An Opera Remembers The Tragedy Of An Asian-American Soldier : Code Switch Army Pvt. Danny Chen fatally shot himself in Afghanistan in 2011. The real-life tragedy has inspired a new production by the Washington National Opera with a libretto by playwright David Henry Hwang.

An Opera Remembers The Tragedy Of An Asian-American Soldier

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A new opera that's ripped from the headlines premieres tonight at the Kennedy Center, here in Washington, D.C. It's inspired by the story of Army Private Danny Chen. The 19-year-old killed himself while serving in Afghanistan in 2011. Hansi Lo Wang, of NPR's Code Switch team, reports on the production by Washington National Opera.

HANSI LO WANG, BYLINE: About two years ago, playwright David Henry Hwang turned down an offer to write a play about the brief life and suicide of Private Danny Chen. But an opera? He couldn't refuse.

DAVID HENRY HWANG: This is a story with big emotions, big primary colors, in a way, and big plot events. A young man from New York City, Chinatown who, against all probability, decides that he wants to enroll in the Army and go to Afghanistan.


ANDREW STENSON: (As Danny Chen, singing) I want something different, a life that's right for me...

HWANG: And then his conflict with his superiors there who begin to haze him, racially motivated and leading to his eventual death over there.

WANG: The hour-long opera is called, "An American Soldier." David Henry Hwang's libretto is based on news accounts about Danny Chen's life. During his six weeks in Afghanistan, a group of Chen's superiors showered him with racial slurs almost daily, and once hurled rocks at him.


UNIDENTIFIED ACTOR: (As character, singing) Everyone knows that Asians are weak, good at their books. That's not what I need...

WANG: The opera revolves around a fictional court-martial of one of Chen's superiors. Eight soldiers, including one officer, were charged in connection with Chen's death. All were either demoted or dismissed from the Army, and most received brief prison sentences. To better understand this story, David Henry Hwang says he consulted with members of the military.

HWANG: Most of them feel that it's understandable that this could happen, particularly in a battlefield in Afghanistan, where all of a sudden there's no checks and balances.

WANG: Chen's death did help drive legislation signed by President Obama last year that required new reviews of the military's response to hazing. But for tenor Andrew Stenson, who plays Chen in the opera, this story isn't just about bullying in the military.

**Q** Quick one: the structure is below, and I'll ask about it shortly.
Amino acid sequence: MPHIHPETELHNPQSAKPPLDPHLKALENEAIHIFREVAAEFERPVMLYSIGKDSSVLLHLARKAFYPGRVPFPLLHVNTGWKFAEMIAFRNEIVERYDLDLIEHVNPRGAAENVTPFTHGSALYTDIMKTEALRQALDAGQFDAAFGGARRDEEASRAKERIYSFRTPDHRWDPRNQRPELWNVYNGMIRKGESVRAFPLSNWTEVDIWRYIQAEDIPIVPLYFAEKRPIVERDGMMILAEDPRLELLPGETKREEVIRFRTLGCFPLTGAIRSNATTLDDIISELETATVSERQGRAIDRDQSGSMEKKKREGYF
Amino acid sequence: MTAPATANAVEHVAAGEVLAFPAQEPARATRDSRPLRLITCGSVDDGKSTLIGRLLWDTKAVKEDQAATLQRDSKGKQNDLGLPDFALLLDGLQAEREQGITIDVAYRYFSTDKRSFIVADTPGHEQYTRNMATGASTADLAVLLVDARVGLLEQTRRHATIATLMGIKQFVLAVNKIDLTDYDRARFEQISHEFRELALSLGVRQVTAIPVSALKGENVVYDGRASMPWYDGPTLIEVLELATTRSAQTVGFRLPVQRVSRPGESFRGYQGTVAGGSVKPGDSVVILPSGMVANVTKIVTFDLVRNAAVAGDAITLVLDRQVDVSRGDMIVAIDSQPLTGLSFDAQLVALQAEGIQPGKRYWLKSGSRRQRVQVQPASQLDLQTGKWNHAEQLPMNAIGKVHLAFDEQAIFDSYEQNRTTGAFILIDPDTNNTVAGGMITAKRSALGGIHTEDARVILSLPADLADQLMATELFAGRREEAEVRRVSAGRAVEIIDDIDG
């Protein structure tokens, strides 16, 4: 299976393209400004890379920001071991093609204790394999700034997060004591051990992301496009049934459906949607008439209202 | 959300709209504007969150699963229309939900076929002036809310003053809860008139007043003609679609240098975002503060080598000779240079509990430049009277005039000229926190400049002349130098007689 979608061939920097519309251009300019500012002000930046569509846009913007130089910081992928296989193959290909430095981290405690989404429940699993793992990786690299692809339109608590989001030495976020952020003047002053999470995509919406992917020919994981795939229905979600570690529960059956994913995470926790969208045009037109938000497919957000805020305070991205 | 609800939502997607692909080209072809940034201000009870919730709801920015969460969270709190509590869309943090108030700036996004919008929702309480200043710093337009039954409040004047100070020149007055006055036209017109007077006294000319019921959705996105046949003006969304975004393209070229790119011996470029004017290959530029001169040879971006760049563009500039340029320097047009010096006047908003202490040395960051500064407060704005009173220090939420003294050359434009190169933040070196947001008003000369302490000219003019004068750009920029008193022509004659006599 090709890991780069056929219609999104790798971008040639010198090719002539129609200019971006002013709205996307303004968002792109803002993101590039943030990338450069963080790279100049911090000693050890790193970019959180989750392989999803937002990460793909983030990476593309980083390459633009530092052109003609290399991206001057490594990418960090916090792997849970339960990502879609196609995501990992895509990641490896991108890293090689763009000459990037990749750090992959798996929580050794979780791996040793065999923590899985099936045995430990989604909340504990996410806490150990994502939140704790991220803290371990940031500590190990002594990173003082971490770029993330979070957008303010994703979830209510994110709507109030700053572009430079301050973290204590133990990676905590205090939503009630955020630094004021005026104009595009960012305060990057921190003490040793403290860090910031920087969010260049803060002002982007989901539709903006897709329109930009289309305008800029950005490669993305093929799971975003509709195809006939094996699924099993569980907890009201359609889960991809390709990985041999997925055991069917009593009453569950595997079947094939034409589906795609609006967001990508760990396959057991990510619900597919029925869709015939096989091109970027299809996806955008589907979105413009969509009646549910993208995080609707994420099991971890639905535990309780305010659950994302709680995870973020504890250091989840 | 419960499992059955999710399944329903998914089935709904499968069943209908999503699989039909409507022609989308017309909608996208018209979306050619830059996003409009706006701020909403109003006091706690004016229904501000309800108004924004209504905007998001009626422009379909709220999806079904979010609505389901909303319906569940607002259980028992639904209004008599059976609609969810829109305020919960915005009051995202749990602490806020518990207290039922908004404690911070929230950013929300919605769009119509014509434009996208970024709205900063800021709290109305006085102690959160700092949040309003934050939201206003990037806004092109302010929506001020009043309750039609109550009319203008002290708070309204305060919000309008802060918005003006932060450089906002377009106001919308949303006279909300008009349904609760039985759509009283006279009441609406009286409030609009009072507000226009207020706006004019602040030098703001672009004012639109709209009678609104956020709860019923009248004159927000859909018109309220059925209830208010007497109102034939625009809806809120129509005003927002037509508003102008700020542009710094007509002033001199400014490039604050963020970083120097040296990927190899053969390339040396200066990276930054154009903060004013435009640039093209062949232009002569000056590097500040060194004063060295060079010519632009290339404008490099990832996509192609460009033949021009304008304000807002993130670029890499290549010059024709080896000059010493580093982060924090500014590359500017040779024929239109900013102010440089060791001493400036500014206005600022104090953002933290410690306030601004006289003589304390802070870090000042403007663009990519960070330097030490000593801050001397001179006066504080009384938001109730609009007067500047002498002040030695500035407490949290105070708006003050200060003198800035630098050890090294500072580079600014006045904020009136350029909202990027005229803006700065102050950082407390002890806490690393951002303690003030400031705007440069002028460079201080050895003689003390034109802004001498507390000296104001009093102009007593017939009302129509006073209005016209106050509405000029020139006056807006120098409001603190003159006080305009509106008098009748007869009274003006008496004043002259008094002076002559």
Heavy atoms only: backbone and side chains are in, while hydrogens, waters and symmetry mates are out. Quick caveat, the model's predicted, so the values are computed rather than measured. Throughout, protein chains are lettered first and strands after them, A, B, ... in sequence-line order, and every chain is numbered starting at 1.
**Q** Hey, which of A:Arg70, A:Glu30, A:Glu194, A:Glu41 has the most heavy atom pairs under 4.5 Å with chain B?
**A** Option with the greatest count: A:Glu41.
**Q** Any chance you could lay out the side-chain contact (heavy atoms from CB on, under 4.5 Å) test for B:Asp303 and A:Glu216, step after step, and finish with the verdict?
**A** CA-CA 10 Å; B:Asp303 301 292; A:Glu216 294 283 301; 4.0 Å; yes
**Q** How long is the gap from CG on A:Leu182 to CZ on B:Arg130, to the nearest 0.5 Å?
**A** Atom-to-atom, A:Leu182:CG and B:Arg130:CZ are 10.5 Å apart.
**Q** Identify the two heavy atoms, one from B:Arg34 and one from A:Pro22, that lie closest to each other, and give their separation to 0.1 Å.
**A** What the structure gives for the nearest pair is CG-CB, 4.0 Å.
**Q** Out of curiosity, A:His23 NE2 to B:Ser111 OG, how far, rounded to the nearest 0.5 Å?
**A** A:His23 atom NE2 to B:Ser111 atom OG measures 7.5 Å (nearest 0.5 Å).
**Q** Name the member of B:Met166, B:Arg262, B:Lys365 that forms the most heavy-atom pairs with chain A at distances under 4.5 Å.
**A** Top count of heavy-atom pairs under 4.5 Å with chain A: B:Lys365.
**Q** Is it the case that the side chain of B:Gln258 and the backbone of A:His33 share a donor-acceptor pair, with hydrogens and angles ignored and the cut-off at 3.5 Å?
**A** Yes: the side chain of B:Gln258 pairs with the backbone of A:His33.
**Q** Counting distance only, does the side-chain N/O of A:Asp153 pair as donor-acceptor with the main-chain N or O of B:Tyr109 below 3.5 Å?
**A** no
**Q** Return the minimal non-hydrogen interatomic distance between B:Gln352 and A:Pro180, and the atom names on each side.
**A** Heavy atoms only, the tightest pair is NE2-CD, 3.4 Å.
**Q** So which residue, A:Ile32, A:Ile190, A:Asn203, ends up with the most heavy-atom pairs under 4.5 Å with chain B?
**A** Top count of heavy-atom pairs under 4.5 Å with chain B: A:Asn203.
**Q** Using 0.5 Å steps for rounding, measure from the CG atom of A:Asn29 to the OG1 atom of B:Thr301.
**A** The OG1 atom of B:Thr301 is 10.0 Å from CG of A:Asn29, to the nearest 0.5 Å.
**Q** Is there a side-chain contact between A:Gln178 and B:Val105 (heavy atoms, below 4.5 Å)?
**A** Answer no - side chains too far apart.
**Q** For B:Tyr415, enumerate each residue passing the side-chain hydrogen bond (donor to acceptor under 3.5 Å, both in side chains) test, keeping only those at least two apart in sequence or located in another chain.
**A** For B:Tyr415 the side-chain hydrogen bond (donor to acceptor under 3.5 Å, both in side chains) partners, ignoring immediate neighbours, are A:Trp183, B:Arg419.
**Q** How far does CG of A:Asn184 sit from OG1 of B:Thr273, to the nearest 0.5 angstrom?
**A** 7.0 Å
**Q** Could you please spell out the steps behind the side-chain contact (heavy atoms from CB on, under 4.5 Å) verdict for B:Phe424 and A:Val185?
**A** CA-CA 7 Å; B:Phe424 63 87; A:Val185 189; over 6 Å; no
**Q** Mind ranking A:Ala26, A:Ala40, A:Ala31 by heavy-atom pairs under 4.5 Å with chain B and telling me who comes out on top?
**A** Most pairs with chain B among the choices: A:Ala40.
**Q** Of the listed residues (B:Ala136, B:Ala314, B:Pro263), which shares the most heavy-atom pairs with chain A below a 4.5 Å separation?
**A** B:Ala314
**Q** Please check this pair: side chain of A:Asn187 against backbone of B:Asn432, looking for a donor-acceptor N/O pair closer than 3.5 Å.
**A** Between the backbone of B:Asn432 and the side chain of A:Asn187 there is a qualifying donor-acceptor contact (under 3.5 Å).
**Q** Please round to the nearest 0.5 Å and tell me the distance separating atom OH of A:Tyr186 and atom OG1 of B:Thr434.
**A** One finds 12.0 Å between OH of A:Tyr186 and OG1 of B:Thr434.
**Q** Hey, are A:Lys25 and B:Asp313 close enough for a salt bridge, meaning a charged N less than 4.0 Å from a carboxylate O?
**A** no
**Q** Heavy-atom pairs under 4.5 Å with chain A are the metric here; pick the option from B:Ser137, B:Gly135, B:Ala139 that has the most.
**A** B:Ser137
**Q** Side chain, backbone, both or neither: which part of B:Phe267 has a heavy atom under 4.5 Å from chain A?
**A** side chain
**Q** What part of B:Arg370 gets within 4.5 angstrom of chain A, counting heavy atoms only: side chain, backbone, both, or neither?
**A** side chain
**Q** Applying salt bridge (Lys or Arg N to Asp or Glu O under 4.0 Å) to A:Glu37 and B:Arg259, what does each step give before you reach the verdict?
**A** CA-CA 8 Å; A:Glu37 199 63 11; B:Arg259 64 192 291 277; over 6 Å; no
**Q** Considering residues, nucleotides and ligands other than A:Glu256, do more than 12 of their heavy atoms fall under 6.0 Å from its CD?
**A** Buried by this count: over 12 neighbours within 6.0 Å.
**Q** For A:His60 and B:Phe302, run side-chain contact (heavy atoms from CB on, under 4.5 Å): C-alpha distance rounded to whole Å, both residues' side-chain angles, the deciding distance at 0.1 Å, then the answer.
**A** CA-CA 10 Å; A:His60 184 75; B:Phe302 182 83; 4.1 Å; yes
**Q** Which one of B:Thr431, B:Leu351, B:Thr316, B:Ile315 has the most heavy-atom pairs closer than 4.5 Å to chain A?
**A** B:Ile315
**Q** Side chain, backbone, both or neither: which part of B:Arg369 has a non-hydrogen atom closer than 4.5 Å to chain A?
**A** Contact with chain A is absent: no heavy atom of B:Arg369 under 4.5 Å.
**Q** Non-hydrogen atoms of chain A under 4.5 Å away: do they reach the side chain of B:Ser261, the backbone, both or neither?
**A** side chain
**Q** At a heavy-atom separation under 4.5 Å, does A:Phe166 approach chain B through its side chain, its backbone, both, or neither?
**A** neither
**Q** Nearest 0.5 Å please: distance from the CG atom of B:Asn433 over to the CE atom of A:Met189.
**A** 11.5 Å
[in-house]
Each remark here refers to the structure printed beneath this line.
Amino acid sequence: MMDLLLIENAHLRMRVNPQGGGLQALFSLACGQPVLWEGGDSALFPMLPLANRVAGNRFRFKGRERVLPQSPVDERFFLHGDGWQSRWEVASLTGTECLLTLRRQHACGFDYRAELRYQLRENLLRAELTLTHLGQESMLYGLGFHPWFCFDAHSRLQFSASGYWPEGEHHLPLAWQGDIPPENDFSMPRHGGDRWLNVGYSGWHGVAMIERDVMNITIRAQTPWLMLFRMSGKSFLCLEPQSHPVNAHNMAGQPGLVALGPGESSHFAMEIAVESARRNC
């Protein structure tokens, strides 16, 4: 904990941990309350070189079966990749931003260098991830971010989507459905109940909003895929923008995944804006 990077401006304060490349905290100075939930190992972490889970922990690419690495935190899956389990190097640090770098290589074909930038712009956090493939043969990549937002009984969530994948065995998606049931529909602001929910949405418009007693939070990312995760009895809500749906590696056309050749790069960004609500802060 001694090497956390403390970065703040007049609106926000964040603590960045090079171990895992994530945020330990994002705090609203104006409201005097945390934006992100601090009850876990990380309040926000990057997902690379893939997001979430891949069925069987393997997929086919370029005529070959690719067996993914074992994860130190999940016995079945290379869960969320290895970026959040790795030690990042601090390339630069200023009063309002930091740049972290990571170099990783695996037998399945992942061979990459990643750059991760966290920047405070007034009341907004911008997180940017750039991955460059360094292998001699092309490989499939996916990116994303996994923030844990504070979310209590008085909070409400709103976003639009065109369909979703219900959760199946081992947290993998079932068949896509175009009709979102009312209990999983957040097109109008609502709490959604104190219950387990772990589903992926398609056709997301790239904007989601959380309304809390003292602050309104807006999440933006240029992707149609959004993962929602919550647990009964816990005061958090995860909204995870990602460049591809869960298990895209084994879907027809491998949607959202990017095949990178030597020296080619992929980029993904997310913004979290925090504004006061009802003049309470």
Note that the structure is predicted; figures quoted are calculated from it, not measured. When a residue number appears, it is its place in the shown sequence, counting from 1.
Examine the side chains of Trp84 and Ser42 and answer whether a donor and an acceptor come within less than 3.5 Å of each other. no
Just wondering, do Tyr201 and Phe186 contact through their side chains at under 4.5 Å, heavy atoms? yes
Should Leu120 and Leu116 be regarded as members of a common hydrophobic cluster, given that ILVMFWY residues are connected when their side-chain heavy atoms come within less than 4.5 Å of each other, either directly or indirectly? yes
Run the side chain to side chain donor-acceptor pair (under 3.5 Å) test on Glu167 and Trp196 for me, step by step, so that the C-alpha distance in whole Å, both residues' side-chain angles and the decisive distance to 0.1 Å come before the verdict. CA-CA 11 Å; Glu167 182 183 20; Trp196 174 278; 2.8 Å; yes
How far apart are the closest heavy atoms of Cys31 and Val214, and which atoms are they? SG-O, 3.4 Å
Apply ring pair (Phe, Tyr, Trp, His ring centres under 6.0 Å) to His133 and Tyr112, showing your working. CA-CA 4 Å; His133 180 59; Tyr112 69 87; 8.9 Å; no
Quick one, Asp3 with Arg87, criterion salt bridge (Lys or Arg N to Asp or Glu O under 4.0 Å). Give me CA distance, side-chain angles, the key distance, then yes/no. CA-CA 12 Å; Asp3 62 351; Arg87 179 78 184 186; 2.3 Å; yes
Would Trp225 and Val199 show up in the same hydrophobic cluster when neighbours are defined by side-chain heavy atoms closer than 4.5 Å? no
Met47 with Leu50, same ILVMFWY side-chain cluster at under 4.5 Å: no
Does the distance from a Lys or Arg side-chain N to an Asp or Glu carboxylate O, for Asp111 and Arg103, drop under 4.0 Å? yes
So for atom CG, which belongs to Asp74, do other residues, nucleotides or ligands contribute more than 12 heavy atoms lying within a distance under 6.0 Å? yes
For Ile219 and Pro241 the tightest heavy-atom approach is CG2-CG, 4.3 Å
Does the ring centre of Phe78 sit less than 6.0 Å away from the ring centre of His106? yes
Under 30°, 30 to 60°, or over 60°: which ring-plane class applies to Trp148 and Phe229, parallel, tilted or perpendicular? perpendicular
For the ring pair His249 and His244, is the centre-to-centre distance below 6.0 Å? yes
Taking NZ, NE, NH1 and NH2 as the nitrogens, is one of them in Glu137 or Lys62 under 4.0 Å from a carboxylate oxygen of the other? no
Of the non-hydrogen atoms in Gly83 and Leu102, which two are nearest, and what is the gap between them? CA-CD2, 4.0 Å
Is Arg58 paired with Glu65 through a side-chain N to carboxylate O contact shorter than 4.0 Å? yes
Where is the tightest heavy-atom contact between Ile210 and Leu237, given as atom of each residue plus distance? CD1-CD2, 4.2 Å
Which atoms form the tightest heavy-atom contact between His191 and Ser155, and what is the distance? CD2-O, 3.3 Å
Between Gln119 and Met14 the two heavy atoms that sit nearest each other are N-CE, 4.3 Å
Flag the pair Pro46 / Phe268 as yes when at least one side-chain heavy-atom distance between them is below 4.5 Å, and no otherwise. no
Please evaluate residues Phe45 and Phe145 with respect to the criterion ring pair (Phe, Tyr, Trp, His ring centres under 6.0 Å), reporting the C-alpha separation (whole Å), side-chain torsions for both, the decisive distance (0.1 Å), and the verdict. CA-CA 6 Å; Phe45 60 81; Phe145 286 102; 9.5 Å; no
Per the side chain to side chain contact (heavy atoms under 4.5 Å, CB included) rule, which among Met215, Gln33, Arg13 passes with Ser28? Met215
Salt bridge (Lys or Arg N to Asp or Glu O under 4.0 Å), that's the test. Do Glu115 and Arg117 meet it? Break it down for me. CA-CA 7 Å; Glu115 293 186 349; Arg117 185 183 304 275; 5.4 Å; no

STENSON: Danny and I are different people, but we are young, Asian-Americans in the United States. You know, even though you were born here or raised here, some people are still going to treat you like you're a foreigner.

WANG: At a recent street naming ceremony honoring Danny Chen in New York City's Chinatown, Chen's mother, Su Zhen, offered a tearful thanks in Toisanese to supporters.


SU ZHEN CHEN: (Toisanese spoken).

WANG: Almost three years since Danny's death, his immigrant parents continue to grapple with the loss of their only child, who enlisted against his mother's wishes.


HUANG RUO: It is a very sad story. But as a society, we need to come together to learn from it.

WANG: For the opera's last scene, composer Huang Ruo wrote a simple, haunting melody. It's a lullaby that Danny Chen's mother sings to help soothe her departed son.

RUO: It starts with, (singing) sleep now, little one. Do not fear. Do not cry. Like the stars above, I'll watch over you.

That's the opening of the lullaby. And when it's sung in the mezzo-soprano voice, it's just - I don't know. It's magical.


GUANG YANG: (As Su Zhen Chen, singing) So long as I am here nothing will harm you...

WANG: That mezzo-soprano voice comes from Guang Yang, who says the opera is a tribute to Su Zhen Chen's commitment to keeping her son's story alive.


YANG: The heart of the opera is the relationship between mother and the son because the mother is fighting, keep fighting, never stop, seeking this justice for her son. That's how we got here.

WANG: Danny Chen's mother and father are planning to see Saturday's performance of "An American Soldier." Danny left a message for them before taking his own life. In black ink, he wrote on his forearm, tell my parents I'm sorry. Hansi Lo Wang. NPR News, Washington.


YANG: (As Su Zhen Chen, singing) Sleep now, little one. Do not fear. Do not cry. Like a stars above, I watch over you. So long as I am here, nothing will harm you. So close your eyes. Sleep little one. Sleep now in peace. Sleep until dawn.


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